The Focus FlexiFuel Vehicle (FFV) was billed as an ‘everyday’ car which could deliver 70% fewer CO2 emissions, run seamlessly on any mixture of renewable bioethanol or conventional petrol – and all at a marginal cost over the equivalent petrol car.
Already the country’s best-selling car, the Focus FFV arrived in Ireland with a new USP (advice what is USP) of particular relevance to an agricultural community in need of future outlets for their products.
The task was to launching the Ford Focus biofuel car in Ireland with the following objectives: The primary brand objective for the Focus FFV was to recover, through awareness, ground lost to its biggest single competitor (Toyota), which was already occupying the environmental high ground. The farming community was also a key target.
A secondary brand objective for the Agency was to create, through awareness, a platform for the commercial introduction of an entirely different kind of car to the Irish marketplace.
A specific commercial objective was to achieve an attractive price for the Focus FFV, if the car was to succeed. The Budget was only three months away, and some tax incentive by Government would be needed.
The Focus FFV was an essential ingredient of a three-stranded partnership programme comprising (1) a car that could run on biofuels, (2) a retail network that could provide the fuel, and (3) a source of fuel.
Maxol, an independent petrol retailer with which Ford had a longstanding relationship, was a partner which could both source and sell the fuel. A joint Ford/Maxol launch event was designed to raise awareness and also put pressure on Government to grant favourable tax treatment for the car.
The Environment Minister Dick Roche was invited, along with around 70 others including fleet customers from local authorities, Department officials and agri-science interests. The biofuel was made from a milk derivative in Cork, so a photoshoot was set up with the Minister holding a jug of milk – it was used widely.
Motoring journalists would be key drivers of publicity, primarily through a test drive programme. Given the proximity of the budget, an all-out effort of chauffeuring the one test model available to journalists for short periods was initiated. The task was accentuated by the need to display the same car at relevant conferences (ICOS, IFA) within the same period.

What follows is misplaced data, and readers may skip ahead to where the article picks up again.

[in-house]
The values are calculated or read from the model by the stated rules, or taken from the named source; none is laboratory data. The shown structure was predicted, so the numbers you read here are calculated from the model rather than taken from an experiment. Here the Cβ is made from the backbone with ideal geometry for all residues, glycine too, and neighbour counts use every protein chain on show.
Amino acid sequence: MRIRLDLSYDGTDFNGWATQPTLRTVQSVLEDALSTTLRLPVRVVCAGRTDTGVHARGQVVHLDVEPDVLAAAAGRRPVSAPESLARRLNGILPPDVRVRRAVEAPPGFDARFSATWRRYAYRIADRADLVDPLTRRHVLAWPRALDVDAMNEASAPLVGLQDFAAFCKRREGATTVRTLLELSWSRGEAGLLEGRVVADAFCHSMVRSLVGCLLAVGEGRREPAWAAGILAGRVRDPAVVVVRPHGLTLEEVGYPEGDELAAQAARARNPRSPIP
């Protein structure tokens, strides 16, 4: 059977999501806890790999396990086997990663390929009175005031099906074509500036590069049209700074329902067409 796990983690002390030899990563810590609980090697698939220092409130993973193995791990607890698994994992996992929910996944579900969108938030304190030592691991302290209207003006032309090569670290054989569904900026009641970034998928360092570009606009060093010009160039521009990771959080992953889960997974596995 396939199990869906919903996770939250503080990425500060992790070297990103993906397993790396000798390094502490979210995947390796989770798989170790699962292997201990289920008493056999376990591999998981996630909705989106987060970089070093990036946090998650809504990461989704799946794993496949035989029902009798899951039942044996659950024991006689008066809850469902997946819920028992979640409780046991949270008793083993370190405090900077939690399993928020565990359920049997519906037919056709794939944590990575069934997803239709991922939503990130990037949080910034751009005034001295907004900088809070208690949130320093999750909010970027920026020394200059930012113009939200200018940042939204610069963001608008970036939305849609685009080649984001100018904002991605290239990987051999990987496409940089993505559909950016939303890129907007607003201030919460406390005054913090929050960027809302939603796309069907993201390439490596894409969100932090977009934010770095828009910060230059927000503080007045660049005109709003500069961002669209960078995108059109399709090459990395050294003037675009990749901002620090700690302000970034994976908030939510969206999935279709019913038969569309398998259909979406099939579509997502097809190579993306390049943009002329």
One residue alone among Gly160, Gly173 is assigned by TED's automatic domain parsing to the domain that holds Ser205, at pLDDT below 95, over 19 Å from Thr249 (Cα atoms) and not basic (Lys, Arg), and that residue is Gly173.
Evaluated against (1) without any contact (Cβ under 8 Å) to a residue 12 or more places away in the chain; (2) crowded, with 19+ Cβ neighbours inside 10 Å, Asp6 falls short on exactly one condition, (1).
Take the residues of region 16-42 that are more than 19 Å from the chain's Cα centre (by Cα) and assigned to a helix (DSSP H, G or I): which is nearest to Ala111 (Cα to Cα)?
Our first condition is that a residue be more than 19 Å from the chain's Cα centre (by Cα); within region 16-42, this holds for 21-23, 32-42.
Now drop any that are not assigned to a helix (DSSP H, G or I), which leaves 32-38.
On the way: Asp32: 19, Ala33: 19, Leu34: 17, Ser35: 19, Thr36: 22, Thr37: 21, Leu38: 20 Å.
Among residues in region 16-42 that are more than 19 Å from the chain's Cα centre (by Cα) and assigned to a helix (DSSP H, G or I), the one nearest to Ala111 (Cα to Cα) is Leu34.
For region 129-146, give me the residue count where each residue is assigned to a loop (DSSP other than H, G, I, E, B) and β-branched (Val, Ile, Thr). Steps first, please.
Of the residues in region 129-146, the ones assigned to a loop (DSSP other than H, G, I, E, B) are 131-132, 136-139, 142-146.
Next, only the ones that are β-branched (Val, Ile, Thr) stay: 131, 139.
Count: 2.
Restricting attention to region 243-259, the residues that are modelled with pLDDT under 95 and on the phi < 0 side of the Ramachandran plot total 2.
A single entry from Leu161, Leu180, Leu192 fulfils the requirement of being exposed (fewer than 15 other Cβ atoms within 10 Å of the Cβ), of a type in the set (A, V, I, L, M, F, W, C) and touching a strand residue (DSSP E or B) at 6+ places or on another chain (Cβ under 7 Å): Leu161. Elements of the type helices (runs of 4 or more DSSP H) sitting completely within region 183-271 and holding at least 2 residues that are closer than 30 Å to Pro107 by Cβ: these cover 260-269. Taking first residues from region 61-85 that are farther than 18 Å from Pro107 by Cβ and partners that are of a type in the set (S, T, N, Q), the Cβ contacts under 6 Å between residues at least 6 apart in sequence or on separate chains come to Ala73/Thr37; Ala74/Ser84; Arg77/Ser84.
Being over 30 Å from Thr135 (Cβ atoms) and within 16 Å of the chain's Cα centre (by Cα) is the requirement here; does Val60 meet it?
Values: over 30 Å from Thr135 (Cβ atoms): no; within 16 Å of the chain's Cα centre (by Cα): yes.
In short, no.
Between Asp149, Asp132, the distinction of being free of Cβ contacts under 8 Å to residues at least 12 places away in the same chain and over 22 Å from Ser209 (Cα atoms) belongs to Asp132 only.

Political lobbying was essential but challenging, given that there was no precedent in Europe for positive discrimination by Government of the Focus FFV. However, it was decided to seek a 50% VRT (advice the mean TAX) rebate, similar to the tax break the Government had introduced for the Toyota Prius Hybrid.
(As the Focus FFV was not a dedicated hybrid, however – it could be driven entirely on petrol if the customer wished – most commentators felt the car would not be granted the rebate.)
Starting with the presence of the Minister for the Environment at the Focus FFV launch, the lobbying effort included the Society of the Irish Motor Industry, the Minister for Finance, various opposition spokespersons as well as a meeting with the Department of Finance immediately prior to the Budget.
Lobbying – to the surprise of most motoring commentators, on Budget day the Minister for Finance duly announced that the tax rebate would be extended to Flexi-Fuel Vehicles. This represented a saving of some €2,500 and made the Focus FFV an attractive commercial proposition.
Media coverage – the media value of the programme was spectacular, with print media alone delivering in excess of €150,000. RTE main evening news carried the story on two separate occasions, with TV3 News and Sky News Ireland also featuring it. 5-7 Live was among the many national radio programmes to cover the Focus FFV.
The future is green – in the period since the launch, Volvo, Saab and Citroen have introduced FFV models and there are now over 30 fuel outlets. Over 1,000 vehicles have been sold and bioethanol is increasingly recognised as a part solution to future transport needs.